I just finished reading a book by Michael Eisner simply titled, Camp. It was fitting to read about Eisner’s formational years while we dove into Disney and experienced the success and productivity that resulted from Eisner’s development of work ethic, dreaming big and persistence in the face of adversity. (I have only read a little about Eisner’s controversial exit from Disney, but I personally believe it was vindictive hype and he bowed out gracefully, and fortunately for us, began to write this book.)
Camp is a memoir about a special place called Keewaydin, where many kids spent weeks in the summer being challenged and formed by the setting, program and staff. The author says it better than I could…
“[Camp] is God and humans teaming up to provide nature’s ultimate playground, where survival in the woods becomes an exercise in training for life’s real-world, man-made challenges; where young people can develop their physical and natural skills while also maturing and growing socially.” p. 172
Although the book leaves me wishing I’d had more such formational experiences as a growing child, I realize that I did have camp adventures that are a part of who I am today. The most significant was Girl Scout camp.
The adventure of camping would begin many weeks before we’d actually embark. Our Leader insisted that all planning would be done by the troop, with his watchful eye overseeing the process. (Yes, my Girl Scout leader was male. Long story, but very beneficial for those of us who were lacking male approval and attention in our lives.) From meal planning to grocery shopping to packing gear, we all worked on the community project that would take us to some natural spot for fun and learning for a few days.
Fun was the cover for learning. Most of the time, we didn’t realize we were learning. Learning about ourselves and our inner capacity to overcome fears and obstacles. Learning about teamwork and its synergy, plus its struggles. The fun was the main draw. We knew some work would come along with the fun, and we complained some at the time. But the work was crafting us into women who could get the job done.
Once, we arrived at our destination to find that the afore-promised supply of firewood was not left by the venue staff. (Or was this one of those crafty and carefully planned schemes of our leader, designed to stretch us?) Up a wooded hill we went, hacksaws and hatchets in hand, not a minor thing for this girl who was previously vexed to be within a few feet of any sharp blade. A few hours later, we emerged, beaming through the sweat and filth with our booty of firewood that would warm us through the chilly nights and cook our delicious campfire recipes.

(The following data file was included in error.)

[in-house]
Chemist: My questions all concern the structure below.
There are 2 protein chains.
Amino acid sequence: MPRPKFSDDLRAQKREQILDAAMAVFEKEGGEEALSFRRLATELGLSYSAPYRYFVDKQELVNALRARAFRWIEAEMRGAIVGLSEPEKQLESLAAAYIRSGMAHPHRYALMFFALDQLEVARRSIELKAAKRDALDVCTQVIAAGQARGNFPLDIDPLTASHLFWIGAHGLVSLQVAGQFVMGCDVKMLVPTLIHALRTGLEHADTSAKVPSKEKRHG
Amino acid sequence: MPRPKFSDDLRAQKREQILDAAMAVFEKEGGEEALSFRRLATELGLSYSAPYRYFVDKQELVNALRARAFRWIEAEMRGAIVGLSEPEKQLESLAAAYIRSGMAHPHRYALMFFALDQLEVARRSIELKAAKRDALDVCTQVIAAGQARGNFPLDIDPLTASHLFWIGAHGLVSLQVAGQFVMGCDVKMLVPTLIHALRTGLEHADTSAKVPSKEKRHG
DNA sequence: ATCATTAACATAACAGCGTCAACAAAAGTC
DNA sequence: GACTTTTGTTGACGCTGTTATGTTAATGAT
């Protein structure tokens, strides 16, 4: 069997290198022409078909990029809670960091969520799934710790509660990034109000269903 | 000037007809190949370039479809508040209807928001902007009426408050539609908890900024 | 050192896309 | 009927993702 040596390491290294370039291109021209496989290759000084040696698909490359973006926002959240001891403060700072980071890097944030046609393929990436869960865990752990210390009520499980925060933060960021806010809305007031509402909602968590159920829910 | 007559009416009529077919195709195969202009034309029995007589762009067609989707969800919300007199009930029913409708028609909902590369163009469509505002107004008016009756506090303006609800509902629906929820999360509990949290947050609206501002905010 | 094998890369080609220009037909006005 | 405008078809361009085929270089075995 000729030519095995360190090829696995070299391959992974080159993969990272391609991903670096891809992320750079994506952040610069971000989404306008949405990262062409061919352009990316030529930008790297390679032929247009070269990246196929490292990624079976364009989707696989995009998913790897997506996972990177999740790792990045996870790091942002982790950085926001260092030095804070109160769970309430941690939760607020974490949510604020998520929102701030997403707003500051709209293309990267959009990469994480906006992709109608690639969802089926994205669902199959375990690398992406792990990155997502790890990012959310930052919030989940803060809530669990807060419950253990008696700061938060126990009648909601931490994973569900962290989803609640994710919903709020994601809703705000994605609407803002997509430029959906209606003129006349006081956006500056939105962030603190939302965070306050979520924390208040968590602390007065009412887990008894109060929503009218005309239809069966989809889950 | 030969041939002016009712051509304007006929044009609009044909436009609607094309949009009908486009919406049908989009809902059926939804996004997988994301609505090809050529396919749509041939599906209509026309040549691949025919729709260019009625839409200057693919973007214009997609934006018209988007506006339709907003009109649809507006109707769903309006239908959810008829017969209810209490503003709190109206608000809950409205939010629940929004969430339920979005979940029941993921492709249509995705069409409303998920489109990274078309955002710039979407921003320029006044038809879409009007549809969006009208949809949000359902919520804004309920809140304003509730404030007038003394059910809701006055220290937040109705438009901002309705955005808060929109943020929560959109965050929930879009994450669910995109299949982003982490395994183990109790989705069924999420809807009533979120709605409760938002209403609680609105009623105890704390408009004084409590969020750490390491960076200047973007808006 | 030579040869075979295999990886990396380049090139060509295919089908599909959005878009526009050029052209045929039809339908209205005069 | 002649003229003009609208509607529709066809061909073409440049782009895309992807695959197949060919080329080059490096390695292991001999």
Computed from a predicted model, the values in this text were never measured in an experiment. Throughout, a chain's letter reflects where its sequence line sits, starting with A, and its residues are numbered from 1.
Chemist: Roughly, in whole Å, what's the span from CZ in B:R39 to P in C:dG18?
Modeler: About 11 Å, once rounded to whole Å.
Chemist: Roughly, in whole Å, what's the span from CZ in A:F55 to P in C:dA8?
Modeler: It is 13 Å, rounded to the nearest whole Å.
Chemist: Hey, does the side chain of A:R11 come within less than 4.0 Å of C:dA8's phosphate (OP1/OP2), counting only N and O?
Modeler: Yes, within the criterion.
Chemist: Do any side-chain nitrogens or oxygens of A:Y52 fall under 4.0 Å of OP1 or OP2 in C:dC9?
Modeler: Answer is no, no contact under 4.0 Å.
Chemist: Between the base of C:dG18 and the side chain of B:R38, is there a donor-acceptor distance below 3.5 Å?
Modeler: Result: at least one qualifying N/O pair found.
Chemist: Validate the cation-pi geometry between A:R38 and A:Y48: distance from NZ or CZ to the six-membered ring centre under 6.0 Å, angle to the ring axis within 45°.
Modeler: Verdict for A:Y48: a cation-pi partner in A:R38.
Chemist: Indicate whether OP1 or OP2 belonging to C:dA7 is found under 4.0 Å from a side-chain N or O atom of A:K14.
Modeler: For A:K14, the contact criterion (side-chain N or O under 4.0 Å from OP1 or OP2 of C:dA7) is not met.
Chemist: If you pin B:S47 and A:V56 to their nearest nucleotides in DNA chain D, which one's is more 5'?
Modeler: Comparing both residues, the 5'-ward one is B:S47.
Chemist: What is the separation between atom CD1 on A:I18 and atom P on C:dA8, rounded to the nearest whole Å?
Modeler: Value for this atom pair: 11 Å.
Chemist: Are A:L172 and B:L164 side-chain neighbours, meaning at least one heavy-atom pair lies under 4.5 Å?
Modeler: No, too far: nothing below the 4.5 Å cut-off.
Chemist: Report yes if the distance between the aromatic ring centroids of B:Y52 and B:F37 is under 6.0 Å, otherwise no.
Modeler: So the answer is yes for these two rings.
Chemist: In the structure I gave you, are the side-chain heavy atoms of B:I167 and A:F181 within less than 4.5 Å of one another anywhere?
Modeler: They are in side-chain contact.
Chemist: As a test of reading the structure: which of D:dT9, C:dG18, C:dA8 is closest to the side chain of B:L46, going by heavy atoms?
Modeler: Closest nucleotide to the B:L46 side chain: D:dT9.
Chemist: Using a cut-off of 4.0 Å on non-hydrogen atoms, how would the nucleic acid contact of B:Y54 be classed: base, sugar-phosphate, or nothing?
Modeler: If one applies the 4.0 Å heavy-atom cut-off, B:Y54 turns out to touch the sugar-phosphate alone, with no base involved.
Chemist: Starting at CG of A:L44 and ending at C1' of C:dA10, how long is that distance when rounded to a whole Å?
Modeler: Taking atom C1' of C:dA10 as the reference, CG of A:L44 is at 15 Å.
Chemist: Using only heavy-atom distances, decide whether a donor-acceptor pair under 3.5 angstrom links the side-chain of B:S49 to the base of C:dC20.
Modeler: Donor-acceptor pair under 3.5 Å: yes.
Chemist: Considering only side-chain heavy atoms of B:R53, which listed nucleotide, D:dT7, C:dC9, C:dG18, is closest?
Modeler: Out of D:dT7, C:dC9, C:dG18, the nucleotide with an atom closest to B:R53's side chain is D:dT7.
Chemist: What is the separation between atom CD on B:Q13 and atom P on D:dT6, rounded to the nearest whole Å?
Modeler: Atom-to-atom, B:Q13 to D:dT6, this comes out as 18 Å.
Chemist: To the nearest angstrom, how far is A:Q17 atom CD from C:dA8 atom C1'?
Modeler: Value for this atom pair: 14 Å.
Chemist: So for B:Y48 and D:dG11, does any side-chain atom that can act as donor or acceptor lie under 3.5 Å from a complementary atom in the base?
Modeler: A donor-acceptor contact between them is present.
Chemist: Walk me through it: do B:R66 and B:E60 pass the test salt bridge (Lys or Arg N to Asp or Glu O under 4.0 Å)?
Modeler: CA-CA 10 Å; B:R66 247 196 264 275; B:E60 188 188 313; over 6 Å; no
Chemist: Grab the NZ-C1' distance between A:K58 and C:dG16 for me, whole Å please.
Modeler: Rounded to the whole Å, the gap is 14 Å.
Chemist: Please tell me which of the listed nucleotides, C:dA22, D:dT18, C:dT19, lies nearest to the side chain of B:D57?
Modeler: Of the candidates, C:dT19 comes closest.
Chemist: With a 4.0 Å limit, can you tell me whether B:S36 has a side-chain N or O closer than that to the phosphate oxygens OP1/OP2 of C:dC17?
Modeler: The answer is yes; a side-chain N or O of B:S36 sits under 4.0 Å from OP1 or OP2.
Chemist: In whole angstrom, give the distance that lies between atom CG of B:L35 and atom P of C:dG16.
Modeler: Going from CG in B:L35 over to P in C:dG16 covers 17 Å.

Evenings were a special time of fellowship and reflection, in addition to bizarre stunts and inevitable potty humor. And the dancing! Our leader made a deal with us early on in our camping times together. On Friday night, he would tune the radio hung in the rafters of the pavilion to our pop/rock station. In exchange, (like we had a choice) on Saturday night his choice of music would prevail… solid gold oldies from the 60’s and 70’s. We moaned and complained, but my taste in music was drastically and permanently changed. I am the only person my age that I know who idolizes Franki Valli and the Four Seasons. Our leader showed us the dances of the time and insisted that we take in the cultural lesson we didn’t know we were learning. He never said much about his time serving in the military. His fierce sense of patriotism said all we needed to know. We didn’t know what a hippie was at the time. But the wedding photograph of our leader and his wife in which she wore a micro-mini wedding dress and thigh-high gogo boots was a tipoff that we were being exposed to another time with unique tastes and trends.
I recall one time I was invited to take a late-night shift on fire watch. I’m not sure if the fire actually needed watching, but I was up for the challenge. As our leader strode off into the dark toward his tent, I wondered if he usually stayed up all night, or the few early morning hours between 2 am and 8 am, when we slept. I had never thought to consider this before. The night took on a magical quality as I relished what solitude really was. I think it may have been my first taste of truly being alone and quiet. A life-long obsession for this luxury began that night. It felt like hours that I was entranced by the glowing orange embers. My mind cleared as I breathed in the anointed night air. I think I probably processed some of the conflicts and insecurities that I was facing back home in a family that waivered on the brink of stability.
I think children are very busy between the ages of 6 and 13 becoming who they are going to be for a very long time, yet unaware of the foundation stones that are being placed. As a parent now, I try to instill some of these same camp experiences and challenges in the lives of my children. Yet, I am suspicious that certain types of growth and development cannot be done with a watchful parent nearby. I’ll be enrolling my oldest daughter in Scouting this Fall. I doubt her experience will be the same as mine. I only hope some of the basics are there, like finding inner strength, embracing responsibility, and enjoying the quiet of the evening.